So, what’s wrong with Italy’s populist economic program? Contrary to populist belief, what makes it a threat to Europe? Here’s a critical question: to what extent are Italy’s economic woes attributable to Italian politics and economics vs the Euro? Perhaps the current economic problems are due to policies inhibiting growth and competition, the championing of certain companies (many of them state-owned) over others, penalizing growing sectors of the economy with punitive taxes, erecting legal barriers to repo assets from bad debt. Overall, it’s a huge mess.
Ron Paul Institute
Prior to the Iran nuclear deal pull-out, Secretary of State, Mike Pompeo, presented Iran with 12 demands. 12 “impossible” demands. Iran knew, and perhaps so did Mike Pompeo. So, what was the point of issuing them? Was it an implicit provocation veiled within a more explicit language of diplomacy? At any rate, what’s really interesting is what happened next. Iran reached out to Europe. Trump was furious, threatening sanctions on European countries. Yet Merkel reached out to Russia. The point is this: it appears that just about every nation sees US isolation as something “beneficial” rather than as a disadvantage. Is America losing its global influence?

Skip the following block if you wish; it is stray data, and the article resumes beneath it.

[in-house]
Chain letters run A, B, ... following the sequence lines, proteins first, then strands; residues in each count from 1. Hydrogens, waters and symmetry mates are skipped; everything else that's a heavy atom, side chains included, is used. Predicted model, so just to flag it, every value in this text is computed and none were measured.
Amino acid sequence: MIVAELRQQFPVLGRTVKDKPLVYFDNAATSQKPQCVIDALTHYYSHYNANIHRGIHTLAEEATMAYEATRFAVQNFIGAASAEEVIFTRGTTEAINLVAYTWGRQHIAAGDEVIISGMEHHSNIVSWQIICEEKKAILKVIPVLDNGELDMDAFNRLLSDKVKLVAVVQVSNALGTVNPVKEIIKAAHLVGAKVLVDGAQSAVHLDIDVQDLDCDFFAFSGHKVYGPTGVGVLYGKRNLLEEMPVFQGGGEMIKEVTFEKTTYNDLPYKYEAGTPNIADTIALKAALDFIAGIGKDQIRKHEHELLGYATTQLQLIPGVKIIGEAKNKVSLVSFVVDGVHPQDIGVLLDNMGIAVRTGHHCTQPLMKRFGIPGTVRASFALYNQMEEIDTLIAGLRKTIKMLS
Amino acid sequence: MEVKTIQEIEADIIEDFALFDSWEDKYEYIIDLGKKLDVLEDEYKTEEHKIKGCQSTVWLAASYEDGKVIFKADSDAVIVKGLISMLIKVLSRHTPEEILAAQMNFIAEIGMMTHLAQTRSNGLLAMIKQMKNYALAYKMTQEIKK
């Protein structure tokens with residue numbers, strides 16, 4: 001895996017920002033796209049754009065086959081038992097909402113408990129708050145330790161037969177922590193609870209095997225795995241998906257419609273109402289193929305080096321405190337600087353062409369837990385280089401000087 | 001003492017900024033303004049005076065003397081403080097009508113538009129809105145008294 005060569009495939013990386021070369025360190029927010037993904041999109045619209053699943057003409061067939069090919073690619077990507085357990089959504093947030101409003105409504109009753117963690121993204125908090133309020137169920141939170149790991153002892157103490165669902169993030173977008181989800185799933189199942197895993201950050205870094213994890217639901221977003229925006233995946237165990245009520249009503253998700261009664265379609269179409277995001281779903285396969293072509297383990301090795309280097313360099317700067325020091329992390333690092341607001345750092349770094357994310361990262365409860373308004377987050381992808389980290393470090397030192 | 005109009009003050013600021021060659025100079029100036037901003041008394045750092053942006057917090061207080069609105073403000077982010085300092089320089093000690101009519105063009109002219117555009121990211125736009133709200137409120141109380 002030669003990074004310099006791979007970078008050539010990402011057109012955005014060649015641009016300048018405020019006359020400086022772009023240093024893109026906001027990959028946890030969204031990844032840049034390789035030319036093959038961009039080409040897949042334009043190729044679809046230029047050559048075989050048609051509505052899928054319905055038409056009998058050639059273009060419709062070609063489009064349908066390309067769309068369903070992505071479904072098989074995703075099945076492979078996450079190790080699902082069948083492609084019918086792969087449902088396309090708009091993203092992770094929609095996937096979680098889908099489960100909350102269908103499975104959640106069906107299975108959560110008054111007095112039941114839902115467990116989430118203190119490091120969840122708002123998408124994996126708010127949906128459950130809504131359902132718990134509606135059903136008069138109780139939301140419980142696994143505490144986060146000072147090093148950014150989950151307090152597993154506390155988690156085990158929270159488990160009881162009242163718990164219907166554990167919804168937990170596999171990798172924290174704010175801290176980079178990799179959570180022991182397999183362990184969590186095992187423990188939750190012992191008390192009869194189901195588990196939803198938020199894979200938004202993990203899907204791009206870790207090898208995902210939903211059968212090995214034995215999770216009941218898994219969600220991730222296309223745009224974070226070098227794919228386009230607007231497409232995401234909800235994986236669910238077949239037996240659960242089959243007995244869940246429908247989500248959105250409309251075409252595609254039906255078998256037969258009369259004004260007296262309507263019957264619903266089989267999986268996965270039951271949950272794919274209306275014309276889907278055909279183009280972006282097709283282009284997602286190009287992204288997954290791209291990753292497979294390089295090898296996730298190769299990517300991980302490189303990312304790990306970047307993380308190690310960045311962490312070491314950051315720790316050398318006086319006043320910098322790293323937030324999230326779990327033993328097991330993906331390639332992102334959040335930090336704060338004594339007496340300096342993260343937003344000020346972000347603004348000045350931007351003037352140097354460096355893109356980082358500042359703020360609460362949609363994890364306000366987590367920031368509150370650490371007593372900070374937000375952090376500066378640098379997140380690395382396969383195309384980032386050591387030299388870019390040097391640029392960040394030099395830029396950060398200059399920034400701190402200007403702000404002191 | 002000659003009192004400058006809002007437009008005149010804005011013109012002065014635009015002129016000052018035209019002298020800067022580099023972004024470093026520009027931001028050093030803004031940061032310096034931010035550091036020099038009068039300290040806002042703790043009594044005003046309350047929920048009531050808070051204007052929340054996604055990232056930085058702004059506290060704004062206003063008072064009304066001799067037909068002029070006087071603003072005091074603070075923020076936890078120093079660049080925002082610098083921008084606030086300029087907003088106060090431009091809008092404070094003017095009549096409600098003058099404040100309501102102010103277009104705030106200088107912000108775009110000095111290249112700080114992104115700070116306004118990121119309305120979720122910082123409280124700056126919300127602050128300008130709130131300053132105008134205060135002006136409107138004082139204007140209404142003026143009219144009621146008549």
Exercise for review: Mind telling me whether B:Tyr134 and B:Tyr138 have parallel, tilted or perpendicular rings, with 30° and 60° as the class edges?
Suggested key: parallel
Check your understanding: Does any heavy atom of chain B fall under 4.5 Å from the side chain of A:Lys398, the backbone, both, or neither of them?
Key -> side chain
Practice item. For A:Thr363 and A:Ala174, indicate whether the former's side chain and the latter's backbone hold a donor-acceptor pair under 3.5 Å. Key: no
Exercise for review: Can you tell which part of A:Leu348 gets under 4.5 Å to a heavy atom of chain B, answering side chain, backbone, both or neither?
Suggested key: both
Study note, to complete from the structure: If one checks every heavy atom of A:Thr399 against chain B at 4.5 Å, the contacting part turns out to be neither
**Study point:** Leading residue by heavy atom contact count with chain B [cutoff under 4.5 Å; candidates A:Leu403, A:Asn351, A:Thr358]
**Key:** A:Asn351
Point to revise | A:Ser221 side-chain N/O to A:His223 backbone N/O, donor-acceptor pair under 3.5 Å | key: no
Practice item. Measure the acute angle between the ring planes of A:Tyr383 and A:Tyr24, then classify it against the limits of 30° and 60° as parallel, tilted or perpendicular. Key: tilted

To many people, the Fed is an institution that, using sophisticated financial models, overreaches into the complex domain of markets, adding to its complexities, multiplying the potential for catastrophic risk; a consequence of over-complicating a system that is already complex due to its dynamic and heterogeneous nature. Well, the Fed wasn’t always that way, believe it or not.
Since the advent of the Cold War, the nuclear option has always served as a means of deterrence. Unlike most munitions, nuclear bombs were, ironically, developed to ensure their non-usage. Annihilation would not only be mutual, but its effects would spread to other nations who may not be involved in the conflict. But now, the new “low-yield” nuclear warhead—with “smaller” explosive power—may become a more practical option. This makes it more usable. It also disrupts the original “deterrence” model that for decades had guided the nuclear proliferation strategy. With deterrence gone, the likelihood of smaller nuclear strikes becomes more prevalent.
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